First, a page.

Callistemon hemisticta or The Mount Wheeler Bottlebrush.

There are literally hundreds of plants available to the home gardener these days, and some of the most satisfying and enjoyable additions to your garden are those that will attract large numbers of birds.

For most people, this would immediately bring to mind a variety of plants such as the nectar-laden Grevilleas and Bottlebrushes, but there are many species of trees and shrubs that will create a protective bird haven in your own back yard.

If you were thinking about planting bird-attractive shrubs in your garden some of my recommended varieties would include one of the most unique bird-attractive shrubs is the Grevillea Peaches and Cream.

This small growing shrub is similar to Grevillea Robyn Gordon in growth and habit but has soft pink and cream flowers.

It requires a sunny well-drained position and is very attractive and hardy.

Grevillea Peaches and Cream attracts honeyeaters and is suitable for use as a low hedge or screen growing to maximum height of 1.5m.

A local Bottlebrush that always makes a spectacular display around Central Queensland is the Mount Wheeler Bottlebrush.

Melaleuca hemisticta the Mount Wheeler Bottlebrush was sold as Callistemon polandii var.

Mt Wheeler for many years. Melaleuca hemisticta is a very bushy shrub to two metres high with dark green leaves and pink new growth.

Masses of small bright red brushed tipped with gold appear most of the year.

This plant is suitable for most conditions and is very bird attractive.

This Bottlebrush grows naturally only at the base of Mount Gawula between Rockhampton and Yeppoon.

With attractive foliage and a unique flower the Graptophyllum excellsum or Native Fuschia has become a popular garden shrub.

It is one of most colourful water-wise flowering shrubs available to local gardeners.

This attractive dry-scrub plant will grow to around two metres high and produces beautiful red fuschia-like flowers.

It is hardy in most positions and can take some dryness. Graptophyllum excellsum will grow in a sunny or lightly shaded position and is able to be pruned and shaped for even the most modern garden styles.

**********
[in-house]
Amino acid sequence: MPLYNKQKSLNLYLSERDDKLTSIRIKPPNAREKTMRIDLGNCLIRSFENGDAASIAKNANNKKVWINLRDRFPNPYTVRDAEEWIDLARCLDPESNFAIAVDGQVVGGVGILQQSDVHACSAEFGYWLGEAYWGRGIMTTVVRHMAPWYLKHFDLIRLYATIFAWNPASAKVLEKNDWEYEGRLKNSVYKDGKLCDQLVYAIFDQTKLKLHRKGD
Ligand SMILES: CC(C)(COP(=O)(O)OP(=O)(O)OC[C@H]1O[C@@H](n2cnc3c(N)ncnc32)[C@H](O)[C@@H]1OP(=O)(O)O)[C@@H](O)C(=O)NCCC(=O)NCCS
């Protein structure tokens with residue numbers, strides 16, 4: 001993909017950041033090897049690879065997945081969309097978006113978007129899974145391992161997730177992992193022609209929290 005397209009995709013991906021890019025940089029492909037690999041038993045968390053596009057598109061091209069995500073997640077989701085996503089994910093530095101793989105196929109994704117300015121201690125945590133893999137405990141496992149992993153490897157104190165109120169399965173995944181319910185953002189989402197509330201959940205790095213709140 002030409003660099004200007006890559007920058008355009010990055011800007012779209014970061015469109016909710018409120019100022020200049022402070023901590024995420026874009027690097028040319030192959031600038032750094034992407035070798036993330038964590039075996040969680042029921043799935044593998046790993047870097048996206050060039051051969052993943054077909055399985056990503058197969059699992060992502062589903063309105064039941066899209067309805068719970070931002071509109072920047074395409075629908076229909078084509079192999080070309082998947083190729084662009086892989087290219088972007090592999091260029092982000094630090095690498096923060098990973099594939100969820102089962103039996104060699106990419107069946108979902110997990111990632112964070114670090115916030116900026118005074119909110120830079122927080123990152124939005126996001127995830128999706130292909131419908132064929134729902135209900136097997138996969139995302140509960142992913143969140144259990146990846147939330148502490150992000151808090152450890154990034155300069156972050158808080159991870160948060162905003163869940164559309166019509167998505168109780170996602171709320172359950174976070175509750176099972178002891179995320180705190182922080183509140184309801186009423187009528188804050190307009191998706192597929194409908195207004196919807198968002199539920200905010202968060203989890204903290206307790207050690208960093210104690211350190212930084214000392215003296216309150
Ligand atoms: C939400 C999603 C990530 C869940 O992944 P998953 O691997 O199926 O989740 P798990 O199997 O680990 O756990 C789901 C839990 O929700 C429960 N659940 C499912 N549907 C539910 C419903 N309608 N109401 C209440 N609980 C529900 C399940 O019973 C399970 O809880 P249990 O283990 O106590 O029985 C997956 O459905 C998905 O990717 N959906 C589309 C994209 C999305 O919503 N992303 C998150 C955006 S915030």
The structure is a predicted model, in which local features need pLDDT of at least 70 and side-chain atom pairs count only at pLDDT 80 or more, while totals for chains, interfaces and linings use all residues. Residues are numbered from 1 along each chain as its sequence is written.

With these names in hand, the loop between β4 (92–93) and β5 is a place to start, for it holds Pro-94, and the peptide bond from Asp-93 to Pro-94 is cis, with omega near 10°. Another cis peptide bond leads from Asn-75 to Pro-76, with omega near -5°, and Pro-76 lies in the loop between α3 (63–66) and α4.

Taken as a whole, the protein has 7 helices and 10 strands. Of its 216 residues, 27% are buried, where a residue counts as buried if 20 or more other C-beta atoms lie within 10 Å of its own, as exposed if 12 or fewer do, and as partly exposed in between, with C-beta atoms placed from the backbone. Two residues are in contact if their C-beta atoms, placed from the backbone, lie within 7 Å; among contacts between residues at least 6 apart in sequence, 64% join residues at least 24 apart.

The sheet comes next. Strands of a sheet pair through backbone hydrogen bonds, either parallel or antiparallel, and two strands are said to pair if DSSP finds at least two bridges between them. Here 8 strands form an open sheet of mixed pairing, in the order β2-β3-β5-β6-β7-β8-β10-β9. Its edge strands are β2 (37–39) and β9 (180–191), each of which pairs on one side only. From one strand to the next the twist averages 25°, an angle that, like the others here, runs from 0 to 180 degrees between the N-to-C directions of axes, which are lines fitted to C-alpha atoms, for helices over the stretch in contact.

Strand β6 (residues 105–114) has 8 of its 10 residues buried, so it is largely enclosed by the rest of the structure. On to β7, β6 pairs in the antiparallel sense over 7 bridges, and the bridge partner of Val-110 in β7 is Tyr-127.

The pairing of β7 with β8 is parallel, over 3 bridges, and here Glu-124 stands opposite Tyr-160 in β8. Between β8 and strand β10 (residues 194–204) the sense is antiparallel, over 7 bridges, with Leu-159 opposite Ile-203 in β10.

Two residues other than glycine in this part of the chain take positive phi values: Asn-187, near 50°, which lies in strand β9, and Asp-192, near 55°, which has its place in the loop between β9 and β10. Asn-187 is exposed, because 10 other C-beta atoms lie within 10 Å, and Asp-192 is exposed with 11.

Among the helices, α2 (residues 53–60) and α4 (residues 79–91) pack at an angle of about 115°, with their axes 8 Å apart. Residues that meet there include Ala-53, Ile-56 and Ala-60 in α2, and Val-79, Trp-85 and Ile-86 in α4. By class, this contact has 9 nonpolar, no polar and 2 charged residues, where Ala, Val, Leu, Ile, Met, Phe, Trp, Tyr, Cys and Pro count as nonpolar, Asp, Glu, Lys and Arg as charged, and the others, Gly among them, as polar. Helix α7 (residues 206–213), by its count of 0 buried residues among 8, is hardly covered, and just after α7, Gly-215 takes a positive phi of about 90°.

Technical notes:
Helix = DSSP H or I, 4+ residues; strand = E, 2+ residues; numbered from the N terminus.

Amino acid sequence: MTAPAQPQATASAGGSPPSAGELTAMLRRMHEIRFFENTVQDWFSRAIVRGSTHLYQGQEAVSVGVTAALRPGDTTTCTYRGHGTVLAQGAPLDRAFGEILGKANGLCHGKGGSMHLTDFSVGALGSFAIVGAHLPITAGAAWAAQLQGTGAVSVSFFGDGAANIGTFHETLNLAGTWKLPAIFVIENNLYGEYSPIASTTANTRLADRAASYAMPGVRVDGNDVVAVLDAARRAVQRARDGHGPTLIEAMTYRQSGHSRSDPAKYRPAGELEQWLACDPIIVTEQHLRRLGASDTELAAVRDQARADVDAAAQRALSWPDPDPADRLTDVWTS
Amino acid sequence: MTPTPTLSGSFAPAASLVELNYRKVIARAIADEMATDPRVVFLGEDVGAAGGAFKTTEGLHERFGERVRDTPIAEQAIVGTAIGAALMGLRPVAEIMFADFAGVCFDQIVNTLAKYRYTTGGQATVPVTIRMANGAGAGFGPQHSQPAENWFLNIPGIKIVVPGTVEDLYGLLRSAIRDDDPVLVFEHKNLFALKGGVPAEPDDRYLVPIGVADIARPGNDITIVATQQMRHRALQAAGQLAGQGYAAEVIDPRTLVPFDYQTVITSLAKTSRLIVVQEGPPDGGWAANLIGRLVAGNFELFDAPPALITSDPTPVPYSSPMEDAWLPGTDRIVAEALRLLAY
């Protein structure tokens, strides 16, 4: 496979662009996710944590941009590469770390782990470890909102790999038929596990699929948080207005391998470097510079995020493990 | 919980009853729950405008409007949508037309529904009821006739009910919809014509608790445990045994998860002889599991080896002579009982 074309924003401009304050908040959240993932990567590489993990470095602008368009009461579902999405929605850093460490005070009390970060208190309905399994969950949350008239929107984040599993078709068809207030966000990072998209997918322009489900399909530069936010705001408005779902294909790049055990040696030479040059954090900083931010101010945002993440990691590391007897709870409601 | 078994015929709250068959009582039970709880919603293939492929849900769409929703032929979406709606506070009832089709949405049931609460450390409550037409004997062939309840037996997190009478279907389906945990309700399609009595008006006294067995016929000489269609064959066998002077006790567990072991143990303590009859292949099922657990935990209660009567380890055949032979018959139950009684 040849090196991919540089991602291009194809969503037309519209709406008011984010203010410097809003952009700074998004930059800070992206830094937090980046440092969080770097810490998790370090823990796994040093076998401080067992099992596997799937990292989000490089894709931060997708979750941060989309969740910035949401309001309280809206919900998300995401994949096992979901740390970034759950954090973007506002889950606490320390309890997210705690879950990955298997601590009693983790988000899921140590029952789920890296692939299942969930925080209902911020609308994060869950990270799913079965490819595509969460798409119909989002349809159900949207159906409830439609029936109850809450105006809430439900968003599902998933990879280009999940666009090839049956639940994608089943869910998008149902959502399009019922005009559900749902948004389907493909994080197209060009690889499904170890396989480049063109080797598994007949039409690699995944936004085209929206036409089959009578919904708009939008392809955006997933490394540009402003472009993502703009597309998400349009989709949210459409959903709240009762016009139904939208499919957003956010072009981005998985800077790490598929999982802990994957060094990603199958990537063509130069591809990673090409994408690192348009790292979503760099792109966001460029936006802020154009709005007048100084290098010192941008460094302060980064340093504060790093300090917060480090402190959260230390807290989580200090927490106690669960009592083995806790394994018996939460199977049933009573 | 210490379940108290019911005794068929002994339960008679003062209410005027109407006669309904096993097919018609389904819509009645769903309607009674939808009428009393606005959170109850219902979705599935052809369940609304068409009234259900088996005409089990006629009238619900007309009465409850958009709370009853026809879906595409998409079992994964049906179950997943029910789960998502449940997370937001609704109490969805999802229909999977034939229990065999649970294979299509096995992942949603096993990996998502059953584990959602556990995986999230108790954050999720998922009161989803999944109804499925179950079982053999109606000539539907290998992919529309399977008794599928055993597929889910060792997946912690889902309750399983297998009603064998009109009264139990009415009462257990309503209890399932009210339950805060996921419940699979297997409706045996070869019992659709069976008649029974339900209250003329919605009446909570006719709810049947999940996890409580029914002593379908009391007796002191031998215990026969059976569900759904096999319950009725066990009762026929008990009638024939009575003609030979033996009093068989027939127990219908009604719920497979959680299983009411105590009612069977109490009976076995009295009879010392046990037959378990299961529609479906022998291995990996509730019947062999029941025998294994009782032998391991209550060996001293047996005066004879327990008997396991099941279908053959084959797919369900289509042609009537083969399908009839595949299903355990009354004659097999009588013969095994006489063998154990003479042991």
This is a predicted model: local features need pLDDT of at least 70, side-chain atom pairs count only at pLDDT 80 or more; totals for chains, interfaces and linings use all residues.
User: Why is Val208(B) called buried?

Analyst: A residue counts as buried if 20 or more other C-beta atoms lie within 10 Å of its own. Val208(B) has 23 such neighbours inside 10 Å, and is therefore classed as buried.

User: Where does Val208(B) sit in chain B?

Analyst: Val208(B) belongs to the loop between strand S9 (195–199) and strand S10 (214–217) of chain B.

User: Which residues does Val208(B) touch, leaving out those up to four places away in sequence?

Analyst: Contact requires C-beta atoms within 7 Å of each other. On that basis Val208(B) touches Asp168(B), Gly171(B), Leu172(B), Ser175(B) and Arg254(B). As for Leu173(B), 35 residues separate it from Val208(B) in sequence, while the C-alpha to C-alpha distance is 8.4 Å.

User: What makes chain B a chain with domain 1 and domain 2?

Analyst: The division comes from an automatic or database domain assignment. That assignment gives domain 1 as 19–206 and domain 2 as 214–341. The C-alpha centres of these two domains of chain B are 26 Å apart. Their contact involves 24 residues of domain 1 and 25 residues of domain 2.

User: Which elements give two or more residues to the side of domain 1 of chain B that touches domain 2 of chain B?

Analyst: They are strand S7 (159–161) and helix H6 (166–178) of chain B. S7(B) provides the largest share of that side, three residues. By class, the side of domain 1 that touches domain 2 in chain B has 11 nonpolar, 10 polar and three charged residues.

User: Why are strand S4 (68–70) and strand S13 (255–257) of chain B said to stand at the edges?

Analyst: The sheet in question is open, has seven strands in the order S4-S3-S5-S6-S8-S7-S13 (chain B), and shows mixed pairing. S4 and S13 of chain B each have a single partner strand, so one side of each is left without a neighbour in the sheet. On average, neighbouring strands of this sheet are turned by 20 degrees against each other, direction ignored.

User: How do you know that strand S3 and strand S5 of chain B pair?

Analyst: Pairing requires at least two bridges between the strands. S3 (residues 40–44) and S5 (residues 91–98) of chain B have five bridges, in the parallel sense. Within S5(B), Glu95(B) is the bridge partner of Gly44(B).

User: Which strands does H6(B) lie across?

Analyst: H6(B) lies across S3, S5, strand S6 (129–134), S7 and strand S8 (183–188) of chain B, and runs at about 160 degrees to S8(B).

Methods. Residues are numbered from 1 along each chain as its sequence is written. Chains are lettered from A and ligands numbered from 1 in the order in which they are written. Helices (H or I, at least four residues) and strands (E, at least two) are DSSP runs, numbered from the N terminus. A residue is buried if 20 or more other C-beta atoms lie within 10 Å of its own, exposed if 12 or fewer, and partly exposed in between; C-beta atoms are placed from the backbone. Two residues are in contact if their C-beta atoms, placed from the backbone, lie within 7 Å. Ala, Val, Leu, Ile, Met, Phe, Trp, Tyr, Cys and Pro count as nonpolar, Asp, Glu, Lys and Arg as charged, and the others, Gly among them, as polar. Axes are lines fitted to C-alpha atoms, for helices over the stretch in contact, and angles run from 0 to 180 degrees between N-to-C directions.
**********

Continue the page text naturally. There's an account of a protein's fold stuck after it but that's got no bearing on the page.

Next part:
Across the Rockhampton Region a very bushy Grevillea has started the heaviest flowering I have not seen in years.

Grevillea Majestic has large flower heads have a good colour contrast of red, pink and cream, main blooming in winter and spring, spot flowers possible at other times.

It is a fast growing large shrub with deeply divided dark green foliage.

In positions it should grow up to five metres high and three metres wide and is perfect as a feature or screening plant.

Grevillea Majestic is a hybrid Grevillea banksii and Grevillea Misty Pink.

A lesser known Bottlebrush that has started flowering in many gardens is the Callistemon Hinchinbrook.

It is an attractive squat growing shrub with broad leaves and bronze new growth.

It will grow up to 1.5m in most soil types.

Beautiful clusters of red flowers with gold anthers appearing in spring.

This showy Bottlebrush can also be developed into an attractive low hedge.

Then there is one of my favourites Grevillea Honey Gem.

It would be one of the heaviest flowering shrubs available to local gardens.

It makes an excellent feature attractive fern like foliage and masses of honey gold flowers throughout the year with the main flowering season in winter.

Honey Gem can literally drip with nectar at times making it a magnet for Honeyeaters and Lorikeets.

It is a vigorous evergreen large shrub that grows to about four metres in height by three metres wide and has an open habit.

The most unusual or interesting plant I have ever found growing in a garden in regional Queensland was a Banksia serrata.

This Banksia should grow to around five metres high with large yellow flowers that are the same size as a two litre Coke bottle.

The flowers can be used in dried arrangements.

Banksia serrata has attractive lime green foliage with saw tooth edges.

Most Banksias need well-drained soil and are accustomed to impoverished soils in nature and will not tolerate fertilisers high in phosphorus.

One of the best specimens I have seen was growing on a footpath is Mount Morgan, all of these shrubs would well make a spectacular garden or street specimen, so check with your local nursery now.